The Japanese Tradition of Visiting the Ancestors’ Graves during ‘Obon’

Visiting graveyards to rest your ancestor’s soul is called “Haka-mairi”. You can visit the graveyards anytime, but people will usually visit on the same day as the Buddhist memorial service and on the same day of their death.



Obon is the season to visit graveyards.

In Japan, the Bon festival, or ‘Obon’ is a time of Summer when the spirits of the deceased are believed to come back to the family altars. It is also a time of the year when people visit their ancestors’ graves. (Also read our related article: 7 Japanese traditions for Obon)
Ancestors are believed to be enshrined in the graves, resting there. When they visit their graves, people pray for the rest of the souls of the deceased. They also talk to their ancestors, express their gratitude to them, report them about the latest news of the family.



They acknowledge their ancestors by polishing their graves.

A visit to a grave starts by cleaning the grave. In Japan, the graves are not individual but familial and several ancestors rest at the same place. After washing and purifying your hands, you collect water in a pail and head to the grave. A pail can be rented free of charge. After joining your hands in prayer, you pour the water onto the tombstone a little bit at a time and carefully wash the tombstone.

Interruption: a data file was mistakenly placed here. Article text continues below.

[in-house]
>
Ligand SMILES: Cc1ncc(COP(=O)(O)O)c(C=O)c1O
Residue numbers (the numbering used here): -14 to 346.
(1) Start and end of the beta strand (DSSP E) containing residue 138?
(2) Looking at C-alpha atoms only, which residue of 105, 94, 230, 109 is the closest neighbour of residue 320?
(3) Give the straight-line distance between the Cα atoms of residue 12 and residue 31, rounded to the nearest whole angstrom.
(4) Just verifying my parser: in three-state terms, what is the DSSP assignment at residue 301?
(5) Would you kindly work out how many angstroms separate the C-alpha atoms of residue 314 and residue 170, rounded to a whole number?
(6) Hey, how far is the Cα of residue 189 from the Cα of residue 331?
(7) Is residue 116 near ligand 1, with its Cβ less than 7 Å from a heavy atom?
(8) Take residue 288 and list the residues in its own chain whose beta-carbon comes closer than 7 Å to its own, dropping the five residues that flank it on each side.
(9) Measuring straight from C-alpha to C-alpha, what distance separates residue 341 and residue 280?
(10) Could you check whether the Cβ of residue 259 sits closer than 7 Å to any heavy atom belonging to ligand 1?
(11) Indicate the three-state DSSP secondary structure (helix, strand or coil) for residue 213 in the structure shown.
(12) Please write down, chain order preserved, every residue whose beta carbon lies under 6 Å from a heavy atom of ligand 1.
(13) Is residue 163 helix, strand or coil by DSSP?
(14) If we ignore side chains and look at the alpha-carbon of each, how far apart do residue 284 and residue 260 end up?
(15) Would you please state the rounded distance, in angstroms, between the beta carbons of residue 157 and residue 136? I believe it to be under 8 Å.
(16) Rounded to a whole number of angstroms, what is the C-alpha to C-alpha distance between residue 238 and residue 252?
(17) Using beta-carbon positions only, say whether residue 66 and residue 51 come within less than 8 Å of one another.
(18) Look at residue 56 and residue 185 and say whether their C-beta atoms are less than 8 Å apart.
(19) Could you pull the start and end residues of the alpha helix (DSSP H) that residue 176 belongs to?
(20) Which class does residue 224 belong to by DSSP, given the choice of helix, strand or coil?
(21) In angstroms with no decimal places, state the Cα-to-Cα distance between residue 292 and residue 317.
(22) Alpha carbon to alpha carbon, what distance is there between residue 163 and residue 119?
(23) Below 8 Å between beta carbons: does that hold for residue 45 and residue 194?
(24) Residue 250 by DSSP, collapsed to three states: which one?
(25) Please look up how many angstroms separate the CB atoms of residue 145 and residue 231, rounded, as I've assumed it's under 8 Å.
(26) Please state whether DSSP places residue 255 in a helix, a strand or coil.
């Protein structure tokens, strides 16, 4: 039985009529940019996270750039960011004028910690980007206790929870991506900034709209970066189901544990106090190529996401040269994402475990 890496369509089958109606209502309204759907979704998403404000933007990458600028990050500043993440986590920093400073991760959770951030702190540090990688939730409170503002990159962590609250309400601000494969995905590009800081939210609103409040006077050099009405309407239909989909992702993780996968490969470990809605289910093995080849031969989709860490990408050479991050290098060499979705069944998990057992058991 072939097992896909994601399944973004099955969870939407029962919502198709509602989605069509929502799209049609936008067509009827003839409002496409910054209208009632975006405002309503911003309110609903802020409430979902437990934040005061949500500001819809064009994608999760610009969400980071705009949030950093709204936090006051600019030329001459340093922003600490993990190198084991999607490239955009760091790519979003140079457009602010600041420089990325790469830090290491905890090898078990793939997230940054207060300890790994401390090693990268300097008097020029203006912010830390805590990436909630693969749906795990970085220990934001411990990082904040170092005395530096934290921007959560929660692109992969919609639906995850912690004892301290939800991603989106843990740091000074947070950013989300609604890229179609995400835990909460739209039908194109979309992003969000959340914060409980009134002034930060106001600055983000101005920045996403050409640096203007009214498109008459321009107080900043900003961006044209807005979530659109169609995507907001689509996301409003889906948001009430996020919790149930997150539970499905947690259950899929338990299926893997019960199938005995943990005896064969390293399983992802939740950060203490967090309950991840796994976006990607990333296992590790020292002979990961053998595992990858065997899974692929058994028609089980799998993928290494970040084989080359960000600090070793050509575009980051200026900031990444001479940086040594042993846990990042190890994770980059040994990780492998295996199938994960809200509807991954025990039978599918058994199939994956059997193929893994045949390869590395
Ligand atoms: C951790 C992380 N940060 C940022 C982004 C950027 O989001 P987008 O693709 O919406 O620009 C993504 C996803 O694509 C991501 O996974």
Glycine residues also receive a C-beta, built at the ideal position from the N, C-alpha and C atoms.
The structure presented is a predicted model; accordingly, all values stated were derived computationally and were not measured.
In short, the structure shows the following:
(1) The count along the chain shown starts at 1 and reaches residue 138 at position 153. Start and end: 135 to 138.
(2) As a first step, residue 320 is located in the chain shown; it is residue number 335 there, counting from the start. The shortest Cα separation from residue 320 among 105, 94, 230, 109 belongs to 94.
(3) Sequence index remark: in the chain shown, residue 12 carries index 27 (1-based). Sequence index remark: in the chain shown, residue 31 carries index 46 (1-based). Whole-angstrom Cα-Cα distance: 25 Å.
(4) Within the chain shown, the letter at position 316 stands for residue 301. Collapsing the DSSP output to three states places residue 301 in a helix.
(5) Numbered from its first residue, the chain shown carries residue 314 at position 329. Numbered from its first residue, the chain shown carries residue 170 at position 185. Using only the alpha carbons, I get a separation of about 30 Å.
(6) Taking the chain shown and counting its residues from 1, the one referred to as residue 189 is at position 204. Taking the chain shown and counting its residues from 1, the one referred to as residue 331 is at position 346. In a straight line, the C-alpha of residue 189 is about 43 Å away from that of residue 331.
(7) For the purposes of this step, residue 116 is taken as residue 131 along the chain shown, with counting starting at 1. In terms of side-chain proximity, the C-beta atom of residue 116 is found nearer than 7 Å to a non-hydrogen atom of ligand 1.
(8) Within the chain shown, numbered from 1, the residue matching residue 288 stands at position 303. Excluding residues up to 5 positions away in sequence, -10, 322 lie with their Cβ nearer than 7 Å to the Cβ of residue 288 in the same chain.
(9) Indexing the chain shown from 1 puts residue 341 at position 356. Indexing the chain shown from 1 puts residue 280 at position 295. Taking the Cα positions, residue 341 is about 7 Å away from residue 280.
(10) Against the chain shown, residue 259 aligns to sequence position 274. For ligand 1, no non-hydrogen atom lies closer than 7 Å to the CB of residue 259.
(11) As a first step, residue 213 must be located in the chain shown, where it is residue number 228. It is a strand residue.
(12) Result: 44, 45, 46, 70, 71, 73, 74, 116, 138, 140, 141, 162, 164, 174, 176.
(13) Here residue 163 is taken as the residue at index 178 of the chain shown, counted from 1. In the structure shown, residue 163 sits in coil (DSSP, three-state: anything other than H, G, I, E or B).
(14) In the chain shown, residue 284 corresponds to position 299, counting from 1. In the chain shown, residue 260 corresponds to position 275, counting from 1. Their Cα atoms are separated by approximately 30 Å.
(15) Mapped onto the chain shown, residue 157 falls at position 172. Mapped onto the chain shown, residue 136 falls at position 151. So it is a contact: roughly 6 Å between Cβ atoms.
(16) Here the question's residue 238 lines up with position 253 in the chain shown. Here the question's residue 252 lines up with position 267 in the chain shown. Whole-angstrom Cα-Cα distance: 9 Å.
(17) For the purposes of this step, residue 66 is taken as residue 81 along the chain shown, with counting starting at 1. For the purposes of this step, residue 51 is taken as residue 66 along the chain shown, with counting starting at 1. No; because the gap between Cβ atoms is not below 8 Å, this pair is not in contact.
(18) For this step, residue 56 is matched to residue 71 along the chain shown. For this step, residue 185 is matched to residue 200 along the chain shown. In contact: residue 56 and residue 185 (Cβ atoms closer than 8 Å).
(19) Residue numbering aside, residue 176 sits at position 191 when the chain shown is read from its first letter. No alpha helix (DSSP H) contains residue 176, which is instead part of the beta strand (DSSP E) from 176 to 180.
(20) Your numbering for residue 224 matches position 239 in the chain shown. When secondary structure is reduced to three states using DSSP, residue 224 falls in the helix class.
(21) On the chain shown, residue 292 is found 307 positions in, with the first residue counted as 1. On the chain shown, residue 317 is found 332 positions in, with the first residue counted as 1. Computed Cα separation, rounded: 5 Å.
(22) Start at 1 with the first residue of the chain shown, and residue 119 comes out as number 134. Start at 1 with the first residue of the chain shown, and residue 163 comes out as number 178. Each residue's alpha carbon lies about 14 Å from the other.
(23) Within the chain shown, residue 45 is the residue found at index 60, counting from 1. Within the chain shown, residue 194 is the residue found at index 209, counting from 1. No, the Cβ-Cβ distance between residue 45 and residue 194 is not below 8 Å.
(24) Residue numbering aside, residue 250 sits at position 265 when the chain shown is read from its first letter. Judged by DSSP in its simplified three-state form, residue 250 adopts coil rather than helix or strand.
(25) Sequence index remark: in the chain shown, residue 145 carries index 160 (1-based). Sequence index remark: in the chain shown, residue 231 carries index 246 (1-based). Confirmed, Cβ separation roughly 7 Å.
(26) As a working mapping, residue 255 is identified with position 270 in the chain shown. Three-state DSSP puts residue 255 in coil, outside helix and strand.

After cleaning the grave, you offer foods and fruits that the deceased enjoyed when they were alive. Flowers are also always placed at the grave. Chrysanthemum flowers are typically placed, but any flower the deceased liked may also be placed.
After lighting a candle and offering incenses, you quietly join your hands in prayer.


People will visit graveyards at other times besides the Obon season.

I used to go to my parent’s house and spend time with my grandparents and cousins. “Ohaka-mairi”, visiting the grave, is one of the customs that we do every year. I remember that I cleaned the graveyard and joined my hands to pray for them when I was little.  Today, I sometimes go there now to see my grandparents and talk to them about my life.

If you liked this article, you might want to read:

7 Japanese traditions for Obon 

Ohigan, an other tradition of visiting graves.

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